Disney Slams ‘Gross and Unfair’ Criticisms From Disney Heiress | Beaufort County Now | Walt Disney Co. issued a blistering response to what the company describes as "gross and unfair" public criticisms of the way it treats its employees leveled by Abigail Disney, the granddaughter of co-founder Roy Disney. | disney, criticisms, disney heiress, abigail disney, july 19, 2019

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Disney Slams ‘Gross and Unfair’ Criticisms From Disney Heiress

    Publisher's note: This informational nugget was sent to me by Ben Shapiro, who represents the Daily Wire, and since this is one of the most topical news events, it should be published on BCN.

    The author of this post is James Barrett.


    Walt Disney Co. issued a blistering response to what the company describes as "gross and unfair" public criticisms of the way it treats its employees leveled by Abigail Disney, the granddaughter of co-founder Roy Disney.

    The heiress, a documentary filmmaker and philanthropist who is an advocate for fair wages, told Yahoo News in an interview published Monday that she recently went to the original Disneyland theme park in Anaheim in order to better understand "the situation and the context" of the employees, whom, she suggested, are underpaid and treated poorly.

    "I went to Anaheim, and I wanted to be sure I understood the situation and the context really, really well," she told Yahoo's "Through Her Eyes" show. She left "livid."

    "[Disney CEO Bob Iger] needs to understand he's an employee, just the same as the people scrubbing gum off the sidewalk are employees," said Disney. "And they're entitled to all the same dignity and human rights that he is."

    Iger was paid $66 million last year, a paycheck that is "more than 1,000 times what the median Disney employee made in 2018, according to Equilar," Yahoo notes.

    "Every single one of these people I talked to were saying, 'I don't know how I can maintain this face of joy and warmth when I have to go home and forage for food in other people's garbage,'" said Disney. "I was so livid when I came out of there because, you know, my grandfather taught me to revere these people that take your tickets, that pour your soda. Those people are much of the recipe for success."

    The company has since responded at length, blasting the claims as "egregious" and "baseless" and defending how much it compensates employees.

    "We generally avoid commenting on such baseless reports like this, but this one is particularly egregious and we won't let this stand," a statement posted on Inside The Magic reads (full statement below). "We strongly disagree with this characterization of our employees and their experience at Disney. This widely reported stunt is a gross and unfair exaggeration of the facts that is not only a misrepresentation but also an insult to the thousands of employees who are part of the Disney community. We continually strive to enhance the employment experience of our more than 200,000 employees through a variety of benefits and programs that provide them opportunity, mobility and well-being."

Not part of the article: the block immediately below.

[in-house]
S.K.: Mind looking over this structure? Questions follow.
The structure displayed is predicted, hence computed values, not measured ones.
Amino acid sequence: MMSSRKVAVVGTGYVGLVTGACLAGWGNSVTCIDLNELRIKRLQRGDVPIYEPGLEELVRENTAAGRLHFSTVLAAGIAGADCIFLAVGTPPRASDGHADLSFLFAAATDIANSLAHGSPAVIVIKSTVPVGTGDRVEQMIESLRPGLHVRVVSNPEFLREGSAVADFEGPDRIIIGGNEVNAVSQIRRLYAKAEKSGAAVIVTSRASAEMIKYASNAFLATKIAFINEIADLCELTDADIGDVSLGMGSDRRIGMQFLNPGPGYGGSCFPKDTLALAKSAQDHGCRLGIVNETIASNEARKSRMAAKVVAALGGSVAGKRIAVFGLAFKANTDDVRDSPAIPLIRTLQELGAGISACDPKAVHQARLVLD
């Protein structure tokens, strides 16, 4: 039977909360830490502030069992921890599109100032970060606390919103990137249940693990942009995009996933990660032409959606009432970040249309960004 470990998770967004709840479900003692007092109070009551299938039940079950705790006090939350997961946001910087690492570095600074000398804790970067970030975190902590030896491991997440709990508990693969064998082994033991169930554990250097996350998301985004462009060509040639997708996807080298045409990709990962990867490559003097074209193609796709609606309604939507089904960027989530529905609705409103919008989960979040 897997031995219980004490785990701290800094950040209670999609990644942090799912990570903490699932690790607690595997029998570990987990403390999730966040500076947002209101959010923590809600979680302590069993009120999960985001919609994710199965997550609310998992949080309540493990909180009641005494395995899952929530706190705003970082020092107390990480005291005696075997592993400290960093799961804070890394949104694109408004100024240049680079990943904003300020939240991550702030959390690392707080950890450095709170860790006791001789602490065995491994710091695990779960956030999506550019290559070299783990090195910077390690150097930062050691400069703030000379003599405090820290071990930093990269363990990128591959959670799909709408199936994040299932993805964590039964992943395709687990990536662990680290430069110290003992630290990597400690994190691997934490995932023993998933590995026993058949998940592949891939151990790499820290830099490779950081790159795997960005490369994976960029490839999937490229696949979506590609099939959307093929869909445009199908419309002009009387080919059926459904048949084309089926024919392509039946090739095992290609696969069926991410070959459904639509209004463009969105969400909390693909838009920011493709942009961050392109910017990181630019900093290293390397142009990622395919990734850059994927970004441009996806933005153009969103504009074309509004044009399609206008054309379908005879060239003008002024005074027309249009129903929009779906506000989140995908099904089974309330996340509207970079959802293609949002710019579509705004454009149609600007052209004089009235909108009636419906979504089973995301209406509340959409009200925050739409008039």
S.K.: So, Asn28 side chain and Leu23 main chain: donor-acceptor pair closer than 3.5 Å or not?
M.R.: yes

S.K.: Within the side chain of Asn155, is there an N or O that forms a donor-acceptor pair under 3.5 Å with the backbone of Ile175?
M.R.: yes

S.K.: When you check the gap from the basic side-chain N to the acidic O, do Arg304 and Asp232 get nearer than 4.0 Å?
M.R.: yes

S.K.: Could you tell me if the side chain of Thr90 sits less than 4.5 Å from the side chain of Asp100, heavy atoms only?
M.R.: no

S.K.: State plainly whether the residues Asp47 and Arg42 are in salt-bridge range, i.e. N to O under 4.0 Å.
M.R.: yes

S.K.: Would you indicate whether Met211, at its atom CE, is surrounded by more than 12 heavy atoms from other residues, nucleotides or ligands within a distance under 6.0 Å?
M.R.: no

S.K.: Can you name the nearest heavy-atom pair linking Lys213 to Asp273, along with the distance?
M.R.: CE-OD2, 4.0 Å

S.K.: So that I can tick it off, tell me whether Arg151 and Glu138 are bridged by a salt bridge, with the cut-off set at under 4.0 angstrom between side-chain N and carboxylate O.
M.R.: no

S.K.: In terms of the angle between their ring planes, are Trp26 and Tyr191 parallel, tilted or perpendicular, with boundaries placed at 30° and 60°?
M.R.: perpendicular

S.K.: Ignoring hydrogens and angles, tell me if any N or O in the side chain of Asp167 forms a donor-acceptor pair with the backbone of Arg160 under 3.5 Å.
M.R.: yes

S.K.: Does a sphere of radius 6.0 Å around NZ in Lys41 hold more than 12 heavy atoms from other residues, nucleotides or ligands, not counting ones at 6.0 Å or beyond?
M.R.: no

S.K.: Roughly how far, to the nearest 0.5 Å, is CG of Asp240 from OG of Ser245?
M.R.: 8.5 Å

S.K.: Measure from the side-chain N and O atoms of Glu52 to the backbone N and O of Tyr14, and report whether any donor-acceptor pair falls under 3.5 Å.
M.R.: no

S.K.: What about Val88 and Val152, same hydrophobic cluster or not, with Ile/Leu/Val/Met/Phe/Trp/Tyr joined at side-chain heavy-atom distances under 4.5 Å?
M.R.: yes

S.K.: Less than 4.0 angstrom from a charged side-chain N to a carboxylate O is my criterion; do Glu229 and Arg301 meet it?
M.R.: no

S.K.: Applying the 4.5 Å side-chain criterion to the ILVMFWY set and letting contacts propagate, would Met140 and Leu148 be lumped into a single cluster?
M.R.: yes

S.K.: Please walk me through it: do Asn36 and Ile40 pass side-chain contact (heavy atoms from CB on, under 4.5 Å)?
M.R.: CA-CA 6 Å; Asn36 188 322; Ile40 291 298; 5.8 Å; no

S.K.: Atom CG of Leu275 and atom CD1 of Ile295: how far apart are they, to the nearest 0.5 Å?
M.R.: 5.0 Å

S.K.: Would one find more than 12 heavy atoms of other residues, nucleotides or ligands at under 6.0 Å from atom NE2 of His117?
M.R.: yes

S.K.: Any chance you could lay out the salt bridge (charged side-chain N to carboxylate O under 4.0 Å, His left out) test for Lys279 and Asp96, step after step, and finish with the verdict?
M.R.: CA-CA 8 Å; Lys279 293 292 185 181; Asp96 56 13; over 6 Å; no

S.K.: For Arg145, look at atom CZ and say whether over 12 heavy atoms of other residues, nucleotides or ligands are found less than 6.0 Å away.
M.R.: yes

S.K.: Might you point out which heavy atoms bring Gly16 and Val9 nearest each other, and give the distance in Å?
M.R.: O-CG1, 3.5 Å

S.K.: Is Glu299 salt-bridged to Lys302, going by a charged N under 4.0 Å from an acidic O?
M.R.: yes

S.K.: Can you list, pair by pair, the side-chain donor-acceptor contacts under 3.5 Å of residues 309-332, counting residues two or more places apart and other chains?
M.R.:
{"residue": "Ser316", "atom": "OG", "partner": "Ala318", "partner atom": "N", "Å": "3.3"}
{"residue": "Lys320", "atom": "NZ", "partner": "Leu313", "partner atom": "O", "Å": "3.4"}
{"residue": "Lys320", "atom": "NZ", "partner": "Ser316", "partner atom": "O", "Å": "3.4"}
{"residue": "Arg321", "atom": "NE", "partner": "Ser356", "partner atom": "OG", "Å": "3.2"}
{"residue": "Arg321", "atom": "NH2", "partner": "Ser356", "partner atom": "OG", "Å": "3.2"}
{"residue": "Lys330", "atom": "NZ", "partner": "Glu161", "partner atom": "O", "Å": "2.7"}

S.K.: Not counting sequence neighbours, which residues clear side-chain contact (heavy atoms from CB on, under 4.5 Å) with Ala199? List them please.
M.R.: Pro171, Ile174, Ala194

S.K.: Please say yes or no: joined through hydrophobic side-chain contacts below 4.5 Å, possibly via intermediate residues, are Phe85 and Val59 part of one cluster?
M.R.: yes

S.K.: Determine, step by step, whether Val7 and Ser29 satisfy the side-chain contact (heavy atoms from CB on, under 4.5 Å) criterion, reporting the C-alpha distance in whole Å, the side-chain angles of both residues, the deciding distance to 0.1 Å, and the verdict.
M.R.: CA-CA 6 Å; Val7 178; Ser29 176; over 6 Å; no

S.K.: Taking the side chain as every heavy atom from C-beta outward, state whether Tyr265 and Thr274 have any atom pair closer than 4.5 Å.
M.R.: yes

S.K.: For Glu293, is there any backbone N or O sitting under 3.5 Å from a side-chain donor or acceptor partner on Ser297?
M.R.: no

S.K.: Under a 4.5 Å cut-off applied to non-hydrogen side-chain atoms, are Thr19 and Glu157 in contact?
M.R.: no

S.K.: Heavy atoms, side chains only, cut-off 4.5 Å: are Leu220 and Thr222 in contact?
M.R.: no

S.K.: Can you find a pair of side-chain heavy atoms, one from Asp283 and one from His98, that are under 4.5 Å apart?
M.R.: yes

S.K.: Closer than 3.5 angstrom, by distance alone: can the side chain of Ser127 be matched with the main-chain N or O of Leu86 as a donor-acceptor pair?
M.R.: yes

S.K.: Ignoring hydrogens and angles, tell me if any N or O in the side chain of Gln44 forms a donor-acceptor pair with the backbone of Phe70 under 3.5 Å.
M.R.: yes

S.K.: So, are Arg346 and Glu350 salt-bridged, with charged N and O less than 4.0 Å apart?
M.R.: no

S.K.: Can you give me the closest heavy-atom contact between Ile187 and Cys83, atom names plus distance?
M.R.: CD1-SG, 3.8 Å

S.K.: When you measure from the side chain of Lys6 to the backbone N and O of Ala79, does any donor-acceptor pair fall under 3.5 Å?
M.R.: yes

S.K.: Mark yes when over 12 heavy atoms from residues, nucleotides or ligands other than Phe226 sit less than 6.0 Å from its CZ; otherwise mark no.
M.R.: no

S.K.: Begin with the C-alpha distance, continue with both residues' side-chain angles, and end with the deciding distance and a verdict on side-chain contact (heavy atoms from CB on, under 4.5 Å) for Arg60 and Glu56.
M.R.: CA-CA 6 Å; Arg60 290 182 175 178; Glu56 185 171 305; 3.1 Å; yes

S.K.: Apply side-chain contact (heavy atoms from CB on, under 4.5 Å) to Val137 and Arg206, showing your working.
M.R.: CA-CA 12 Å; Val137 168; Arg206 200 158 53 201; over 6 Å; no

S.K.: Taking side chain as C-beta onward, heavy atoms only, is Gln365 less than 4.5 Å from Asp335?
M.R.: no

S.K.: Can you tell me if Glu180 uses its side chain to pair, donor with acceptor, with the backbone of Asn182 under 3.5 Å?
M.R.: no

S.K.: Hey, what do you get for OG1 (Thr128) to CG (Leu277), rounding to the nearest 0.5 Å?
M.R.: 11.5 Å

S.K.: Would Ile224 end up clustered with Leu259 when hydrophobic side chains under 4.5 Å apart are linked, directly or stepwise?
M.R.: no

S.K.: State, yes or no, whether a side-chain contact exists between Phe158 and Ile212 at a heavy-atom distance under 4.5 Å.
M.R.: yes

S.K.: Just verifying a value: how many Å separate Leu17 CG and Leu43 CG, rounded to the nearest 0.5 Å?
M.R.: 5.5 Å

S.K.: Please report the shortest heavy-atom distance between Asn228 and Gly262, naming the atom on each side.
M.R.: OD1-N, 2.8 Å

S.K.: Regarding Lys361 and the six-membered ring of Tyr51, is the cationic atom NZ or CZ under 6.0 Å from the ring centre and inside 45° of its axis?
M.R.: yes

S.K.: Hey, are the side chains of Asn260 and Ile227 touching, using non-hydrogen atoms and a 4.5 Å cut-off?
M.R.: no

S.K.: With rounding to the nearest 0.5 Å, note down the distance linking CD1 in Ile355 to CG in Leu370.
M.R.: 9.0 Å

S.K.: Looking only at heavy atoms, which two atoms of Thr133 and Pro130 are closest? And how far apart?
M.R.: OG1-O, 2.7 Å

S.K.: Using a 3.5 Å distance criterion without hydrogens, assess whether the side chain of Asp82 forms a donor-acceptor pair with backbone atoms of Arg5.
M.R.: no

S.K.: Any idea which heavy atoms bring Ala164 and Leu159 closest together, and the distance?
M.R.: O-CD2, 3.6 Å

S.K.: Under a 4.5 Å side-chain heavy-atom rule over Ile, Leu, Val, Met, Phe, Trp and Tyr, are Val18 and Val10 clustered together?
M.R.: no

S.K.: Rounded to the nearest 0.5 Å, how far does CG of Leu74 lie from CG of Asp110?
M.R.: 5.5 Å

Full statement below:

  • We generally avoid commenting on such baseless reports like this, but this one is particularly egregious and we won't let this stand.
  • We strongly disagree with this characterization of our employees and their experience at Disney. This widely reported stunt is a gross and unfair exaggeration of the facts that is not only a misrepresentation, but also an insult to the thousands of employees who are part of the Disney community. We continually strive to enhance the employment experience of our more than 200,000 employees through a variety of benefits and programs that provide them opportunity, mobility and well-being.
  • At our parks in Orlando and Anaheim, The Walt Disney Company currently pays its hourly workers an average of $19.50 an hour, significantly above the federal minimum wage. But we understand the challenges workers and families face in 2019 are complex and go beyond the paycheck. That's why we provide a wide range of benefits and initiatives to improve our employees' lives at and outside of work: from subsidized childcare to generous leave policies, from convenient access to pharmacies and clinics to free college degrees and vocational training programs for hourly employees.
  • We recognize the economic challenges facing all working families. And we continually meet with our employees in the process of developing even stronger programs. Still, we're proud of the work we've done to improve the lives of our employees, and of the more than 45,000 jobs we've added in the United States since 2005. The men and women who make Disney parks such a special experience for millions of people are dedicated, hardworking and proud, and wewill continue to listen to, empower and reward them. That's what this company has done throughout its history and will continue to do in the future.



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